Five Questions With Creators: Stephanie Phillips

The final order cutoff date for Devil Within is Sept. 10.

By Zack Quaintance — Stephanie Phillips new book Devil Within (out Oct. 3 from Black Mask Studios) caught my attention after I hear her discussing it on a panel at San Diego Comic Con. It’s no stretch to say that 2018 has been a banner year for horror comics, and Devil Within seems to fit squarely into that, while also staying ground in something most readers will surely relate to — a shared romantic relationship.

We recently caught up with Stephanie to ask her about her new book Devil Within. Stephanie is also involved with a pretty diverse set of pursuits outside of comics, ranging from academia to Muay Thai and hockey. We also used this as an opportunity to talk to her about all of that, and how (if it all) it connects with her writing.

Without further adieu, here is this week’s edition of Five Questions with Creators!

1. Okay, so first things first…can I start by asking about your background as a writer? Just from taking a quick look at your website, it seems super interesting and also intellectually diverse…

I have an MA in English and I am a PhD candidate in Rhetoric and Writing (currently dissertating). I also teach technical communication in the School of Engineering and Applied Sciences at the University at Buffalo. I have worked as a technical writer, an editor, a journalist, and a writing teacher. Besides my brief stint making sandwiches at a Firehouse Subs in Florida, most of my jobs have centered on writing.   

2. I heard you describe your forthcoming book from Black Mask, Devil Within, at SDCC…and it sounds terrifying. What kind of experience should readers expect when we pick up this comic?

The main focus of the story is actually trust and relationships. I think back to old slasher movies where a couple is in peril and one person has to watch their lover get slaughtered in some horrific manner. Loss of love is terrifying, but I want to explore what it means to lose love while also being terrified of the person you love. What if the monster is sharing a bed with you?

Reveals and jump scares don’t work in comics the same way they might in a movie, so we are definitely going for a more psychologically stimulating scare that calls into question who we trust and let into our lives, while also showing off some creepy creatures. Maan’s storytelling and monsters should definitely make your skin crawl.

Rising comic writer Stephanie Phillips. 

3. The book is also set in the Philippines…what role does Filipino mythology play in the book?

I don’t want to give too much away, but a lot of our creatures are based in Filipino mythology, if not directly taken from mythology. The story also focuses on Filipino cultural practices surrounding possession. As I have said before, DEVIL WITHIN is based on a true story. Using the actual events as a jumping off point, I tried to stay authentic to the experiences of the people who witnessed what they believe was a demonic possession. One interesting thing I learned about Cebu is that a friend of mine who lived in the Philippines actually had a school day canceled on account of possessions. Snow days, hurricane days, possession days… makes sense.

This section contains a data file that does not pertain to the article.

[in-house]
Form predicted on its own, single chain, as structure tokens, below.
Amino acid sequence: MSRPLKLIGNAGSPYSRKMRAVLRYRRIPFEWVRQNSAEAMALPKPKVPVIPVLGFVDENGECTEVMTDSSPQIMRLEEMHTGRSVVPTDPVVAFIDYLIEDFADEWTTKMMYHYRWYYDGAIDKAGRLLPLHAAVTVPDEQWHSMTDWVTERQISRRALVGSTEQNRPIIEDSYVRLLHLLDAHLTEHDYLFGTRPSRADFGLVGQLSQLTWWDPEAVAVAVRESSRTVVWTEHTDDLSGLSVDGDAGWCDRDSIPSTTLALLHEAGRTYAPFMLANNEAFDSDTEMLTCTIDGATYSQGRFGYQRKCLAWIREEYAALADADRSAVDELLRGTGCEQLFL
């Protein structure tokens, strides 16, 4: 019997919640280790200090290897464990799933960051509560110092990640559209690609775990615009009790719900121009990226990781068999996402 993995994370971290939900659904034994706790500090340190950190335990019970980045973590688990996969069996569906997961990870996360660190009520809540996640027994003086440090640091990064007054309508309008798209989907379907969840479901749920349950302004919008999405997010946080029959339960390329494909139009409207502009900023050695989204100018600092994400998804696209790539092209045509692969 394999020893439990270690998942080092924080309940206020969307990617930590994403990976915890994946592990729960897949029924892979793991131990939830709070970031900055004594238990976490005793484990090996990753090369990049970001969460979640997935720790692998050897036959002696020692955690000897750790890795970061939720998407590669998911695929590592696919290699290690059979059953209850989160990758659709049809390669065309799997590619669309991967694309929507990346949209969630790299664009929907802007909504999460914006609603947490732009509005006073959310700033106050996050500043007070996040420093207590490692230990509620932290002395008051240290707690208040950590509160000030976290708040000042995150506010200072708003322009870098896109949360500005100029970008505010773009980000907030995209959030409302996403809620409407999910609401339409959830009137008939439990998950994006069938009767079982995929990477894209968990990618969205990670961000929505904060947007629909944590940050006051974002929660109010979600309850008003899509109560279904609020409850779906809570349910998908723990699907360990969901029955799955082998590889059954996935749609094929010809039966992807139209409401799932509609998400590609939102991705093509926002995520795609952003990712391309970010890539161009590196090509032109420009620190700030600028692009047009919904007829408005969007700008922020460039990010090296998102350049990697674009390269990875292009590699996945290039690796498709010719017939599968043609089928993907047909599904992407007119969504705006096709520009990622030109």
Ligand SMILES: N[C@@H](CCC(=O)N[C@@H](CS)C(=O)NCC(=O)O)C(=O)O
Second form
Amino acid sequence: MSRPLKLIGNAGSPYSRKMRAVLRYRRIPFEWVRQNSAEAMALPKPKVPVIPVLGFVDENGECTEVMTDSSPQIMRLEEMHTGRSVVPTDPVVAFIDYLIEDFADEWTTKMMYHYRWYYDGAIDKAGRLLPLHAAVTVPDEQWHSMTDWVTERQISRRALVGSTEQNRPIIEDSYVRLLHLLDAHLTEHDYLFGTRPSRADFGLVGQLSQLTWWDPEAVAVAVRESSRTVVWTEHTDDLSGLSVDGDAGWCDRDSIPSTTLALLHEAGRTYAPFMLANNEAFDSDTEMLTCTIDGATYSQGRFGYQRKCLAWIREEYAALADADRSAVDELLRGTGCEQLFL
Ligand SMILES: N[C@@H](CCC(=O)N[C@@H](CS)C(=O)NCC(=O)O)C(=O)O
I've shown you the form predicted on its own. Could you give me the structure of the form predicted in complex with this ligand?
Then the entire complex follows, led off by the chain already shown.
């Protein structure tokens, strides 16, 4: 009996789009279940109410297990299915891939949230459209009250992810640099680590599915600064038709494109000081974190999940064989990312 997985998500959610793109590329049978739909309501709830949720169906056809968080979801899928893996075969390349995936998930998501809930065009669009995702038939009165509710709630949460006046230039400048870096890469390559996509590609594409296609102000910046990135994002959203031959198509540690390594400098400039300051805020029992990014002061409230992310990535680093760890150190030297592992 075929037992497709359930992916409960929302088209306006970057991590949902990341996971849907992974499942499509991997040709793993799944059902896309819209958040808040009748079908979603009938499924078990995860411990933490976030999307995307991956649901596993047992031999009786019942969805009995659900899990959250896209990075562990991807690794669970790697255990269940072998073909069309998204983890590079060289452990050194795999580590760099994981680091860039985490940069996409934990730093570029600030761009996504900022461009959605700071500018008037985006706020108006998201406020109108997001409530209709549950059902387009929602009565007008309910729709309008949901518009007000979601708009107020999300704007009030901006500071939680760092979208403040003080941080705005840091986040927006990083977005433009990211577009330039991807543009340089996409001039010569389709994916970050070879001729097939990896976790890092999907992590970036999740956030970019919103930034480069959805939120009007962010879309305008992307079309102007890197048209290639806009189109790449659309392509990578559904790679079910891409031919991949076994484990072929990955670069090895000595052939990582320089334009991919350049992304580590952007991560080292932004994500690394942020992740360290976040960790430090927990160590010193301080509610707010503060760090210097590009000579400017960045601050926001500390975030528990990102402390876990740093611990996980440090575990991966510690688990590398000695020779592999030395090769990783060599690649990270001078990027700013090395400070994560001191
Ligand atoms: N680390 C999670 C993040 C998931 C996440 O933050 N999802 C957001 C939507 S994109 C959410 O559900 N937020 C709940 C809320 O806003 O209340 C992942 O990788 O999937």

4. So, compared to the academic writing, personal essays, and journalism you’ve done…how is writing comics different and do you have to drastically alter your approach?

This is actually a really tough question. There is absolutely crossover with everything I write, and I would like to think that my degrees, at the very least, qualify me to write a grammatically sound sentence. Pinpointing what bleeds into my comic writing from my time as an academic writer is a bit tough, but I think the biggest takeaway from working in technical communication is how best to work with my teams. Comics are extremely collaborative, and that means communication is essential. When I explain to Maan what I envision for a page, I need to be able to write in a way that allows Maan to clearly interpret all the things happening in my brain without taking away his creative license, but still providing enough detail to where he isn’t left in the dark. It’s actually a super interesting process and I could write an entire dissertation on it… oh wait, I am!

Kicking Ice from Stephanie Phillips and Jamie Jones is coming soon.

5. Aside from Devil Within, what other upcoming comics projects are you currently at work on? 

So much! KICKING ICE, drawn by Jamie Jones, is at the printer and will be out in the wild very soon. I am also working on a short story with Top Cow set in the Postal universe, and three secret projects that I can’t talk much about yet, but I promise they are big and I am really, really excited about them.

+1. So, you’re an accomplished beer league hockey player, and some of the proceeds from your all-ages graphic novel Kicking Ice went to help the National Women’s Hockey League grow women’s hockey…if you weren’t writing, what are the odds you’d be spending even more time on the ice?

Actually, if I wasn’t writing and teaching, I think I would be spending more of my time in a boxing ring than an ice rink! I absolutely love to play hockey, but I was never good enough to reach the level needed to play professionally. As a Muay Thai fighter, however, I had a number of bouts and worked as a trainer at a local gym in Florida. The more writing projects I took on, the less time I could spend training and fighting. I still train for fun once in a while, but I don’t think I will be stepping back in the ring for the time being (my mom is thrilled about this). 

Check out our other Five Questions with Creators pieces and other Comics Lists here!

Zack Quaintance is a journalist who also writes fiction and makes comics. Find him on Twitter at@zackquaintance. He lives in Sacramento, California.

Five Questions With Creators: David Moses LeNoir

By Zack Quaintance — David Moses LeNoir sent us his first comic earlier this year, saying a review would be cool but more than that he just wanted to share it. That, I think, is indicative of a passion for writing and drawing (both of which he does...and does well, too) that also shows in his work. Dave, as you’ll read in a moment, is heavily influenced by Jack Kirby, both in aesthetic and in the sort of larger than life (yet grounded in dynamics) stories he likes to tell.